is a set of properties that you would like to apply when modifying a database.
For a relational database system, this is true because the SQL Standard specifies that a transaction should provide the ACID guarantees:
Atomicity takes individual operations and turns them into an all-or-nothing unit of work, succeeding if and only if all contained operations succeed.
A transaction might encapsulate a state change (unless it is a read-only one). A transaction must always leave the system in a consistent state, no matter how many concurrent transactions are interleaved at any given time.
Consistency means that constraints are enforced for every committed transaction. That implies that all Keys, Data types, Checks and Trigger are successful and no constraint violation is triggered.
Transactions require concurrency control mechanisms, and they guarantee correctness even when being interleaved. Isolation brings us the benefit of hiding uncommitted state changes from the outside world, as failing transactions shouldn’t ever corrupt the state of the system. Isolation is achieved through concurrency control using pessimistic or optimistic locking mechanisms.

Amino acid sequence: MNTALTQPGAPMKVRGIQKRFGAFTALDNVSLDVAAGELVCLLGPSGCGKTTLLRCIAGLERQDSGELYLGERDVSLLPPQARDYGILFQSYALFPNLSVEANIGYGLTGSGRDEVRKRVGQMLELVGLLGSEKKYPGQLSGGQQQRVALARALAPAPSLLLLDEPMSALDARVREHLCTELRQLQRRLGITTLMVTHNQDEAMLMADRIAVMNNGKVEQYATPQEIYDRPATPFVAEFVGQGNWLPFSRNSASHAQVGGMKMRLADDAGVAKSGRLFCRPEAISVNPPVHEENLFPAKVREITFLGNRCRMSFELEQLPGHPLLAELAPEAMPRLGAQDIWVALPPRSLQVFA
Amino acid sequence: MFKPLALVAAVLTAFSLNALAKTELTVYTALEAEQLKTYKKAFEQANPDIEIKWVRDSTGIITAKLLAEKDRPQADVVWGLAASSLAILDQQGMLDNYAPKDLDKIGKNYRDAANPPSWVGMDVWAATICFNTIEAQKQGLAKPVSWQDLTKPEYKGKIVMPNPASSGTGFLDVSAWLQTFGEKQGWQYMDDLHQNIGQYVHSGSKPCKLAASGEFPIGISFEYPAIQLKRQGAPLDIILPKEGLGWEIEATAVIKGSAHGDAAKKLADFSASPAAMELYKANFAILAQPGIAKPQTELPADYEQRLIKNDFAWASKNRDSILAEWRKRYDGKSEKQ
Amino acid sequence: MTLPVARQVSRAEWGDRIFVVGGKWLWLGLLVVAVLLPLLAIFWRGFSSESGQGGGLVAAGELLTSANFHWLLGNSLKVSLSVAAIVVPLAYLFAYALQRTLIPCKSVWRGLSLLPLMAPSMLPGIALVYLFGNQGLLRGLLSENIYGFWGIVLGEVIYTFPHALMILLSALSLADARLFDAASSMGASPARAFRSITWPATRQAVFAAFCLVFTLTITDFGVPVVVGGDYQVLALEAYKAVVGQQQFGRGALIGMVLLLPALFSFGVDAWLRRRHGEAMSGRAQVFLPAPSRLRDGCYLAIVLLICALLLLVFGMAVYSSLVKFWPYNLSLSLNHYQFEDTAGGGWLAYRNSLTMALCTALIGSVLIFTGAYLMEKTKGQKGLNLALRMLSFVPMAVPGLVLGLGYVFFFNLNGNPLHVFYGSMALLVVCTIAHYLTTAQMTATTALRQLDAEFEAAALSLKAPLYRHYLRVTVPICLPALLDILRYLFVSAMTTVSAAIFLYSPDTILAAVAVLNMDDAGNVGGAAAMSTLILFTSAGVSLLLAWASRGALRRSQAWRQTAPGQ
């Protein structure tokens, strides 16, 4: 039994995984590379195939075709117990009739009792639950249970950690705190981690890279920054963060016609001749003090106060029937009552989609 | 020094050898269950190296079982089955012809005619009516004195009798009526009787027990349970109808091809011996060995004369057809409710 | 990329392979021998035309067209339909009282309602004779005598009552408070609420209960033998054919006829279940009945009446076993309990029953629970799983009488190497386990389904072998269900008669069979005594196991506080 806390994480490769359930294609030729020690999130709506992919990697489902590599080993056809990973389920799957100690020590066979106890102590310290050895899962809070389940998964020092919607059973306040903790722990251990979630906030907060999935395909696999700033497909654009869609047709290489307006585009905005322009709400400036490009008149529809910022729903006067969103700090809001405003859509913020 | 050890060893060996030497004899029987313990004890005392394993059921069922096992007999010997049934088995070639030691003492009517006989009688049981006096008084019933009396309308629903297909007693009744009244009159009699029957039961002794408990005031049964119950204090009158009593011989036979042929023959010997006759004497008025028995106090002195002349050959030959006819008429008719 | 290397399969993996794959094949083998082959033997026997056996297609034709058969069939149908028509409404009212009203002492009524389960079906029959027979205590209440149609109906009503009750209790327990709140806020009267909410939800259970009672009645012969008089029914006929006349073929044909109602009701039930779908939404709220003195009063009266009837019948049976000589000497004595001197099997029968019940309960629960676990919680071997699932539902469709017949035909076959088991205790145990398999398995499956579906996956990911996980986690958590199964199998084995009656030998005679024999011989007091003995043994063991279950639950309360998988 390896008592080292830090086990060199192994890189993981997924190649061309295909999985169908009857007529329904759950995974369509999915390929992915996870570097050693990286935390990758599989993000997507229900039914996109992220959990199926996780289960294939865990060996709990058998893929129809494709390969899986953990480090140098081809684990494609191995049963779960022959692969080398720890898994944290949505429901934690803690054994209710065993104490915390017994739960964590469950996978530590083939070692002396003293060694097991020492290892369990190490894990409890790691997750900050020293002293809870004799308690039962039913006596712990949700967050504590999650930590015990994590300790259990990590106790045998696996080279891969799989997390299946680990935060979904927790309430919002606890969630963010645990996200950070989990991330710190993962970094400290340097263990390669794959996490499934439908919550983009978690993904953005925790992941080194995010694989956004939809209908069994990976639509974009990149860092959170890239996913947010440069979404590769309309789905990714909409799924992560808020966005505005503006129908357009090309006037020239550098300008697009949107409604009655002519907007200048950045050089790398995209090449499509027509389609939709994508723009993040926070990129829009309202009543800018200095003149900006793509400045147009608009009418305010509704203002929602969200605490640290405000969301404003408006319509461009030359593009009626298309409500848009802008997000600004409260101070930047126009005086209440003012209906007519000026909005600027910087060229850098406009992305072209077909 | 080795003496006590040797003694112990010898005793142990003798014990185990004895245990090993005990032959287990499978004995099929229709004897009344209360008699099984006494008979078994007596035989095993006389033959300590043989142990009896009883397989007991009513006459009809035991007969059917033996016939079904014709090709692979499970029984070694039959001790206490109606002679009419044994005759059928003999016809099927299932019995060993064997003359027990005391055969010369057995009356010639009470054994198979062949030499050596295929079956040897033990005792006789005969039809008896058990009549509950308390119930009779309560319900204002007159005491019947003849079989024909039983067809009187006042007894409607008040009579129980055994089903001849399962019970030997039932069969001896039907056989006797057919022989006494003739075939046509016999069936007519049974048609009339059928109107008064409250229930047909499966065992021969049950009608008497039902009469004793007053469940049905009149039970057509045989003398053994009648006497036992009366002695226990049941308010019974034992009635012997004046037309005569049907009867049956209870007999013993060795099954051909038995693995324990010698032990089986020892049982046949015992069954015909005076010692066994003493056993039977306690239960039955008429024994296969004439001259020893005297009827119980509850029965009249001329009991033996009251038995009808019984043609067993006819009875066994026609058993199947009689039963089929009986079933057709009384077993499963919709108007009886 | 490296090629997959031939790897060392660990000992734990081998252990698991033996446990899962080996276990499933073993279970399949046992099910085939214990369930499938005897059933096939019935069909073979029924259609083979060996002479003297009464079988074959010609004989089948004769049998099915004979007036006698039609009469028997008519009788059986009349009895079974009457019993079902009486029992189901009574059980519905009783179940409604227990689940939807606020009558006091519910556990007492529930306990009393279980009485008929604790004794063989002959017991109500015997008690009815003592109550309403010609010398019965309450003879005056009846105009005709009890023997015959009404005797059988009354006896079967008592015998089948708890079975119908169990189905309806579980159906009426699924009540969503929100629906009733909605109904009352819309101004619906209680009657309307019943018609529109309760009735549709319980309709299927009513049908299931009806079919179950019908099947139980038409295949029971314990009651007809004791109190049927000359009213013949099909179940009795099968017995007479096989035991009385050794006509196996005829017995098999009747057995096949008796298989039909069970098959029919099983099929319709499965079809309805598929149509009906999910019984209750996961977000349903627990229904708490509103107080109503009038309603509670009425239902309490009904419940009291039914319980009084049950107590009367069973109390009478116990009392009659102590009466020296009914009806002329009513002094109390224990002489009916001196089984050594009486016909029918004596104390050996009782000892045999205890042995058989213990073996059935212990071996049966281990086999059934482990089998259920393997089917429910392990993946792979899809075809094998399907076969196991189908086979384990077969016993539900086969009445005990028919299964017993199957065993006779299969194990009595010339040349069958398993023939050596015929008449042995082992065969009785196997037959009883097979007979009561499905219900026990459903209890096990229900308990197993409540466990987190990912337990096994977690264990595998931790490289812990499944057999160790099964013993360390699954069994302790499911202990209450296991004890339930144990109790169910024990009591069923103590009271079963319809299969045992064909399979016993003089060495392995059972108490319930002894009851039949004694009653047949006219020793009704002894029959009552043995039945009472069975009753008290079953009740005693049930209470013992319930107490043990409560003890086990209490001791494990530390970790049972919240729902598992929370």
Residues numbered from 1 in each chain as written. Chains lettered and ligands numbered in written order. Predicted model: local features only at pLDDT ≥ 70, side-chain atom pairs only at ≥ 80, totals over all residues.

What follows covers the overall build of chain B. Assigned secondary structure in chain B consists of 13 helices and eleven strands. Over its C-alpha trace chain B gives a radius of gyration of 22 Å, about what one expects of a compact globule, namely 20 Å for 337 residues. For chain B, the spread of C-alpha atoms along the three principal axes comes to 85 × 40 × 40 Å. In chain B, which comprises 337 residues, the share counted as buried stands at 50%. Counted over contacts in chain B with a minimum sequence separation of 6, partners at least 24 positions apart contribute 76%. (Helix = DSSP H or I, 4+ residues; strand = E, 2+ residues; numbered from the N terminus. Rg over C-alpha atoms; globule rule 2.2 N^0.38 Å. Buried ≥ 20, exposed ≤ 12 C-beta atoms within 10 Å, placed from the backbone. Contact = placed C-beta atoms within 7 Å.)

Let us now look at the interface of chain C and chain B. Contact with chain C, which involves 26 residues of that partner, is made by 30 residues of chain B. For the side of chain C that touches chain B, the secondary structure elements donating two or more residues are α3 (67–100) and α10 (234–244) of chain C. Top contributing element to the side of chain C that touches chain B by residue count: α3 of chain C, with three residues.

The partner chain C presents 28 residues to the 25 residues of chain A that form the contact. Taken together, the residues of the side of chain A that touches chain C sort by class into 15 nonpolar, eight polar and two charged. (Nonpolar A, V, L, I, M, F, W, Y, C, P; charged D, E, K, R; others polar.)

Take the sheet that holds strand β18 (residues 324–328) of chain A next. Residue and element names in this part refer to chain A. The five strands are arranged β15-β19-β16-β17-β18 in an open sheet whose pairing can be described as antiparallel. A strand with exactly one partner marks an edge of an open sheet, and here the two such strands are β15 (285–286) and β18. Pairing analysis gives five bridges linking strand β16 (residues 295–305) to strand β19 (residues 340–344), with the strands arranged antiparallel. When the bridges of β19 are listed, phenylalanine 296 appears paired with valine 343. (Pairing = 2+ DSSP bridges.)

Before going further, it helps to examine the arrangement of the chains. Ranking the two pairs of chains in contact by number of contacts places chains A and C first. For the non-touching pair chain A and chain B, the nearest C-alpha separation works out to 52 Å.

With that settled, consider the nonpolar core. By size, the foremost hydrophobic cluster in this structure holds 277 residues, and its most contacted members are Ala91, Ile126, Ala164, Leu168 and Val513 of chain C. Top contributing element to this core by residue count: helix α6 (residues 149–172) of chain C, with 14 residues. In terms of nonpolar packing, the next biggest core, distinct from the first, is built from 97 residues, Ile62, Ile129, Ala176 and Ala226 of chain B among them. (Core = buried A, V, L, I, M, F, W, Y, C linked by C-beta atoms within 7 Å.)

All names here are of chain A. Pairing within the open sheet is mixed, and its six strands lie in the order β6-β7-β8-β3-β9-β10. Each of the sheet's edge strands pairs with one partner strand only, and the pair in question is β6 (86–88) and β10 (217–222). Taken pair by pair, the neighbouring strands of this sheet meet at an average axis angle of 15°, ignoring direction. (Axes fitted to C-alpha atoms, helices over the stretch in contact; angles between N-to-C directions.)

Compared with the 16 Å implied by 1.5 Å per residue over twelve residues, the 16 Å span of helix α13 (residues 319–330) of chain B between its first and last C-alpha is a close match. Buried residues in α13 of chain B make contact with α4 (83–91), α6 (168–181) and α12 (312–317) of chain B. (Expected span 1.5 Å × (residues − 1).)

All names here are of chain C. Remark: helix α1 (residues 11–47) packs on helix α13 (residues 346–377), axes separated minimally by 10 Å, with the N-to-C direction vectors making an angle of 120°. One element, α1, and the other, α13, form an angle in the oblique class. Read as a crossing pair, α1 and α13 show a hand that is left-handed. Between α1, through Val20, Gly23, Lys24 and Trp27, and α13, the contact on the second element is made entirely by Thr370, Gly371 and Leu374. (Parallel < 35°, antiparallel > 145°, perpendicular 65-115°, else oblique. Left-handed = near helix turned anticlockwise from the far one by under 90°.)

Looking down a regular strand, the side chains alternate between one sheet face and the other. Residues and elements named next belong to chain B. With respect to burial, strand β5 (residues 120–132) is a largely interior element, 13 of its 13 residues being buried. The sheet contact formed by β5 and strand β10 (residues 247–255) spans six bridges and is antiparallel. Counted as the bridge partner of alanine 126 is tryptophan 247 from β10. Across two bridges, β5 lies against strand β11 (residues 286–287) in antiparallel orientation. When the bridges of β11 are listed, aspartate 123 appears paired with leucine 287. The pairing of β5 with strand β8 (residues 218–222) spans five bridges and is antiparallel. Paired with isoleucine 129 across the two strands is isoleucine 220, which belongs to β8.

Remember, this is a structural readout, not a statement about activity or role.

A successful transaction must permanently change the state of a system, and before ending it, the state changes are recorded in a persisted transaction log. If our system is suddenly affected by a system crash or a power outage, then all unfinished committed transactions may be replayed.